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CarniDIET 1.0: A database of terrestrial, carnivorous mammal diets


Middleton, Owen et al. (2022), CarniDIET 1.0: A database of terrestrial, carnivorous mammal diets, Dryad, Dataset,


Motivation: A species’ diet is central to understanding many aspects of its biology, including its behaviour, movement, and ecological niche. The diets of terrestrial carnivorous mammals, defined here as species primarily consuming other mammals (hereafter, mammal-consumers), have been extensively studied and can vary in the proportion of different food types, and species, consumed across their geographic ranges. Accessibility to data capturing such variation in diets of mammal-consumers across the variety of ecosystems they occur in would provide valuable information for conservation, and open research avenues for macroevolution and macroecology. However, data on mammal-consumer diets across their geographic ranges have not been systematically collated. Here, we present CarniDIET (Version 1.0), an open-access database containing quantitative data on the diets of terrestrial mammal-consumers collated from the literature.

Main types of variable contained: Diet records capturing the percentage of mammalian prey, to the highest taxonomic resolution available, and non-mammalian food types (e.g. birds, invertebrates) in the diets of mammal-consumers at specific sites and times. Associated data with each diet record includes, where available, age and sex of mammal-consumer, sample size, sample origin, and quantification method as well as spatial and temporal variables including dates, season, study site, altitude and coordinates.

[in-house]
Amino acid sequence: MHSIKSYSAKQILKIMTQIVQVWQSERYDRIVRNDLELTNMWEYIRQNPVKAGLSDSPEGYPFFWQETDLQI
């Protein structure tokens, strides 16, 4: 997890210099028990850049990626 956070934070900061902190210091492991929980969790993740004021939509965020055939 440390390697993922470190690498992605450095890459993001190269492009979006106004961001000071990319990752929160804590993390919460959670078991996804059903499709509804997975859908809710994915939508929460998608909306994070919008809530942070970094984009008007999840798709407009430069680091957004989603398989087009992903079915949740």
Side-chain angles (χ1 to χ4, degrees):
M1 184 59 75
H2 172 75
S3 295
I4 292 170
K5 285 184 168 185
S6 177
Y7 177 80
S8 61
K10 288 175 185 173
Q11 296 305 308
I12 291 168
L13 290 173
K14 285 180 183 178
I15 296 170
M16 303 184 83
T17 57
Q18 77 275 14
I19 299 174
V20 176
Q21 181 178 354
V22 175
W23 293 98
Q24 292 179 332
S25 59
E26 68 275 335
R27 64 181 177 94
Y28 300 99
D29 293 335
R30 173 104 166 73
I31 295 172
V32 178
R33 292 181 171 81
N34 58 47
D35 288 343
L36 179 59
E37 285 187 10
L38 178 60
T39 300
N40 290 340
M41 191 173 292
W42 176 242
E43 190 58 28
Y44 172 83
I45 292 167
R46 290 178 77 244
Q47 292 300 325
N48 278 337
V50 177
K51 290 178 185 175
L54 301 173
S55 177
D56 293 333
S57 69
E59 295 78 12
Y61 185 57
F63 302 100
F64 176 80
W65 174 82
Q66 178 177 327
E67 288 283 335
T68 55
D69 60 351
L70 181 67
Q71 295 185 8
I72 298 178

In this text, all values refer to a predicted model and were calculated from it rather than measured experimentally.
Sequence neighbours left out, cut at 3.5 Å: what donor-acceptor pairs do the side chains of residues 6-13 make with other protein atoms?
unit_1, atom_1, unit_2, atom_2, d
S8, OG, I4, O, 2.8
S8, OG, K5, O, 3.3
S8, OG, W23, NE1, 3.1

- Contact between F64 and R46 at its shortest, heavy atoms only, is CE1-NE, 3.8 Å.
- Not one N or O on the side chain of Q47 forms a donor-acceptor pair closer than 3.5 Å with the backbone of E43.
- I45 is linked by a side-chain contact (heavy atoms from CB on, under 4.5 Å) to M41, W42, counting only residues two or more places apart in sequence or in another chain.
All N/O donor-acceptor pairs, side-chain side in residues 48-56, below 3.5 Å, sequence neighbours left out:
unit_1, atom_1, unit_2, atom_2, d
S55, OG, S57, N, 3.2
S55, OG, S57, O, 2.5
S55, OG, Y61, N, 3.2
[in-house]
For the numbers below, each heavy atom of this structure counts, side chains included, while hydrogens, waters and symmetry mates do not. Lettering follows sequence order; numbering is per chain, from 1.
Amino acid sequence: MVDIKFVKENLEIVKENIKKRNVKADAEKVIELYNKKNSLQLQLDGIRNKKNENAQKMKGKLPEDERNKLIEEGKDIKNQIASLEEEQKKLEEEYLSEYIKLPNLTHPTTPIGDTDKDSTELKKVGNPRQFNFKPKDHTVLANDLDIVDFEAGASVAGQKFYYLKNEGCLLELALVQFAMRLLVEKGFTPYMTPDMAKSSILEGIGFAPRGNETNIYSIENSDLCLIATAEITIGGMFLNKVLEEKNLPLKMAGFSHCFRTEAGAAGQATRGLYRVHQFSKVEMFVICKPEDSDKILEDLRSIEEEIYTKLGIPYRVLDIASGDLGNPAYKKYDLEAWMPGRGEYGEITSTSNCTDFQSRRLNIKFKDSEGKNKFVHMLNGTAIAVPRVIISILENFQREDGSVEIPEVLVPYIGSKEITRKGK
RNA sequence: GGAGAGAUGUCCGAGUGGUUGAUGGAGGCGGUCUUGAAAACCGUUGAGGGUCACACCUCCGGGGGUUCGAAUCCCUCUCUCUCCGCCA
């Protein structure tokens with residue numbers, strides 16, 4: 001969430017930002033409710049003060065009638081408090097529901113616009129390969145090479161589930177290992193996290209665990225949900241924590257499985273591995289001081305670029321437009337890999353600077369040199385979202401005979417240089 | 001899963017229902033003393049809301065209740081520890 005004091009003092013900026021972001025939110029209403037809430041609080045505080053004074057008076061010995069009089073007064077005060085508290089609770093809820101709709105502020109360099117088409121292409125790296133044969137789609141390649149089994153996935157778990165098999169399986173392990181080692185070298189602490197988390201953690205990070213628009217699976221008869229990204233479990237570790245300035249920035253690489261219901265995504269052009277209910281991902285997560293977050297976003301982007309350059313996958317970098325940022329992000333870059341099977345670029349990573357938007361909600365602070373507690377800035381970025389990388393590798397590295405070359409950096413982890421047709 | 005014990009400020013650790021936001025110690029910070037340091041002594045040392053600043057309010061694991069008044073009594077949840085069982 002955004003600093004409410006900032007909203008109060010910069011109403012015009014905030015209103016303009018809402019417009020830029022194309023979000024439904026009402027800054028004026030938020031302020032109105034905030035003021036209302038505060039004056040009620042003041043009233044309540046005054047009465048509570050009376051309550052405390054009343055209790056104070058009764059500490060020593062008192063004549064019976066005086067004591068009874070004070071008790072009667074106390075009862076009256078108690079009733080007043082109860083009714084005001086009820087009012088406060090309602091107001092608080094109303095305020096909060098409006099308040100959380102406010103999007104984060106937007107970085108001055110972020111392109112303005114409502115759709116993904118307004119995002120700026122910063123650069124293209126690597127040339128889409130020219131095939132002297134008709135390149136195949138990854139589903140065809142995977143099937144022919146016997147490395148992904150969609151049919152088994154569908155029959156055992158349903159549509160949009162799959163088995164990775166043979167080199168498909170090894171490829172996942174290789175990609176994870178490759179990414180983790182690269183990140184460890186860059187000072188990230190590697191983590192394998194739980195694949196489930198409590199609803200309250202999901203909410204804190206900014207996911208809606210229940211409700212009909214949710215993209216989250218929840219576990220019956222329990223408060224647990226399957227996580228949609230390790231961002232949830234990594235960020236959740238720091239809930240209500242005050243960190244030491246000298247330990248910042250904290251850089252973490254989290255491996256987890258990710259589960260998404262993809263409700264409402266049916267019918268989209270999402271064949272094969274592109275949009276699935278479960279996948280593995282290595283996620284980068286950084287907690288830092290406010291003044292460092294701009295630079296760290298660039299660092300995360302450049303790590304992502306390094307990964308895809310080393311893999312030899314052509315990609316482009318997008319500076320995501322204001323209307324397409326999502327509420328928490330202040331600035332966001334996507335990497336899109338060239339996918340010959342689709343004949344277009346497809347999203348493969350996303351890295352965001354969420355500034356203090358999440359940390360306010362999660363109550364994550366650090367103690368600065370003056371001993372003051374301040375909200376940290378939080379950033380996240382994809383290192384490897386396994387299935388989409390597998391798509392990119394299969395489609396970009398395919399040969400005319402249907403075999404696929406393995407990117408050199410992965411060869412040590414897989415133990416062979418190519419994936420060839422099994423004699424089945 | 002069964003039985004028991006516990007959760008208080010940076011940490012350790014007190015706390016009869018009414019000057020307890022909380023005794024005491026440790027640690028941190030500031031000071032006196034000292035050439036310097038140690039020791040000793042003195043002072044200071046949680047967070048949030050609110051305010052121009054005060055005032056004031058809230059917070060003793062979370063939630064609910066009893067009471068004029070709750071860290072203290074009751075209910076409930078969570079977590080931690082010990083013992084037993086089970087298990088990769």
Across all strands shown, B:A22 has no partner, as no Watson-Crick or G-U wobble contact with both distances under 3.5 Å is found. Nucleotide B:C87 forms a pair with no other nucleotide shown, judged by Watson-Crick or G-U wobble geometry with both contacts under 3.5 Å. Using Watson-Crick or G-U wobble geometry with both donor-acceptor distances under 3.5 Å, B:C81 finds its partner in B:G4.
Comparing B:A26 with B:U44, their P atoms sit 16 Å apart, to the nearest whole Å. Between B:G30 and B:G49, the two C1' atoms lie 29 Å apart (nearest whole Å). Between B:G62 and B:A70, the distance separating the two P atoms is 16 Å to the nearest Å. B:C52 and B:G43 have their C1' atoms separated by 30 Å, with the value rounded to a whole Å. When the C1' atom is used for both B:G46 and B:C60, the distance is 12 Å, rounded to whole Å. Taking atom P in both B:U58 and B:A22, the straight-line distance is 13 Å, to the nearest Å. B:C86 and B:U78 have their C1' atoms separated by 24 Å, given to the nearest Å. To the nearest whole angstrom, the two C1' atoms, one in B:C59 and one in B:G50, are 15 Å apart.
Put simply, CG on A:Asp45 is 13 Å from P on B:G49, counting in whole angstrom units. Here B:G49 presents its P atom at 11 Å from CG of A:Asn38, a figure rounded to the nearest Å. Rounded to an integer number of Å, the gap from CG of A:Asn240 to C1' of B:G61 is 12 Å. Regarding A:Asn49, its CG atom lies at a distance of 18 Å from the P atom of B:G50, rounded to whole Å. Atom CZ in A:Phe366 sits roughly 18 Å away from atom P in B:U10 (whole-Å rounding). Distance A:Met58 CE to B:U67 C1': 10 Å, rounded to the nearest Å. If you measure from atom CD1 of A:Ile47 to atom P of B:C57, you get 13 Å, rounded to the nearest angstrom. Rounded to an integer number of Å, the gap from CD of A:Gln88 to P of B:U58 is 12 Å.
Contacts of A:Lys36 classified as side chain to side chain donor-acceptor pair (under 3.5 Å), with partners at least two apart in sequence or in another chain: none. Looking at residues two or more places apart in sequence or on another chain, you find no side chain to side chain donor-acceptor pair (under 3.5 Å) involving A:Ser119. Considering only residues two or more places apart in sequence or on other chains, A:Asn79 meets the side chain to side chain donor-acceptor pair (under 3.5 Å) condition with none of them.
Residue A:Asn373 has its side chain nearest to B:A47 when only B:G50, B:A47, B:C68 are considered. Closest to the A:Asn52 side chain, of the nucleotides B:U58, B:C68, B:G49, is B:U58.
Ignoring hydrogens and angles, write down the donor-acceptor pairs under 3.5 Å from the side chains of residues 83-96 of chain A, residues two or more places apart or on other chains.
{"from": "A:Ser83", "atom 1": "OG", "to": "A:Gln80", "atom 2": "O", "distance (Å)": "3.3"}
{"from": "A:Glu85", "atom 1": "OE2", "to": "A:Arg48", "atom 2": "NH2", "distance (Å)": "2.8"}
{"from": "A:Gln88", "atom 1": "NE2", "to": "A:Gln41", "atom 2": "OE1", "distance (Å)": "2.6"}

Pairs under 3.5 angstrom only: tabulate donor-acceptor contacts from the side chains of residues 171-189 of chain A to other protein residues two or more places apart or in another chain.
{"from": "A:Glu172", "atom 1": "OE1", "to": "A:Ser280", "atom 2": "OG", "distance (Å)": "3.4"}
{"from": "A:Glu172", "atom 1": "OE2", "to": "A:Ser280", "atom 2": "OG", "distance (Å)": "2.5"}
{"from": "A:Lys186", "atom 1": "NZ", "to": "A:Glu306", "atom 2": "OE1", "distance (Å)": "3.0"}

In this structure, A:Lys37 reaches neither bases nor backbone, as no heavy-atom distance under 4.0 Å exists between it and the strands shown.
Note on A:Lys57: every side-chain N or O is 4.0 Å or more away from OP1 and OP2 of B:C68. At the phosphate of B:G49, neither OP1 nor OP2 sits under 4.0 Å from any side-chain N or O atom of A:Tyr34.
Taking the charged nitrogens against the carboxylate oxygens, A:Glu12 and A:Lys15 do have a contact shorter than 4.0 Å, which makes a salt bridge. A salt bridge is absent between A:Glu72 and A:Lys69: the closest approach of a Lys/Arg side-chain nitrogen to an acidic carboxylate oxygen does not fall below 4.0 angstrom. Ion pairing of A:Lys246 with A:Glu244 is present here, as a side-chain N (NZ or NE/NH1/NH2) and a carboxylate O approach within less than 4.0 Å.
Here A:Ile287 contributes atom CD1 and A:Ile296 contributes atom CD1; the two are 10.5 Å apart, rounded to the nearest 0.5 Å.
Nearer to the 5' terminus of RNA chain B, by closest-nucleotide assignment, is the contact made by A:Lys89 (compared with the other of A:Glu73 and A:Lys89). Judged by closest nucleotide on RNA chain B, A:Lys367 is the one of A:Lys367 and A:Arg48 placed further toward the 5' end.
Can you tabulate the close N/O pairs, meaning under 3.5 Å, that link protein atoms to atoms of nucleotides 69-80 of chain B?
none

Spatial location and grain: Global, terrestrial. The spatial grain varies among sites from 0.03km2 to 100000km2, with a median of 170km2. Study centroids are provided as latitude-longitude coordinates.

Time period and grain: Original diet samples were collected between 1933 and 2017, with half of studies collected between 1994 and 2008. Studies summarise diets from one month to 66 years, with a median of one year.

Major taxa and level of measurement: Terrestrial carnivorous mammals that primarily consume other mammals (103 species). Studies generally represent species’ population averages, although can include demographic breakdowns.


Data collated from (primarily) peer-reviewed papers describing the site-specific compositions of terrestrial, carnivorous mammals from around the world. In CarniDIET 1.0, carnivorous mammals were those that primarily consumed other mammals (in the paper described as 'mammal-consumers'), as the methods used and ways of presenting data are fairly standardised among these species.

Usage Notes

Please see the manuscript at Global Ecology and Biogeography for full methodology. The Github page will be used to host future updates: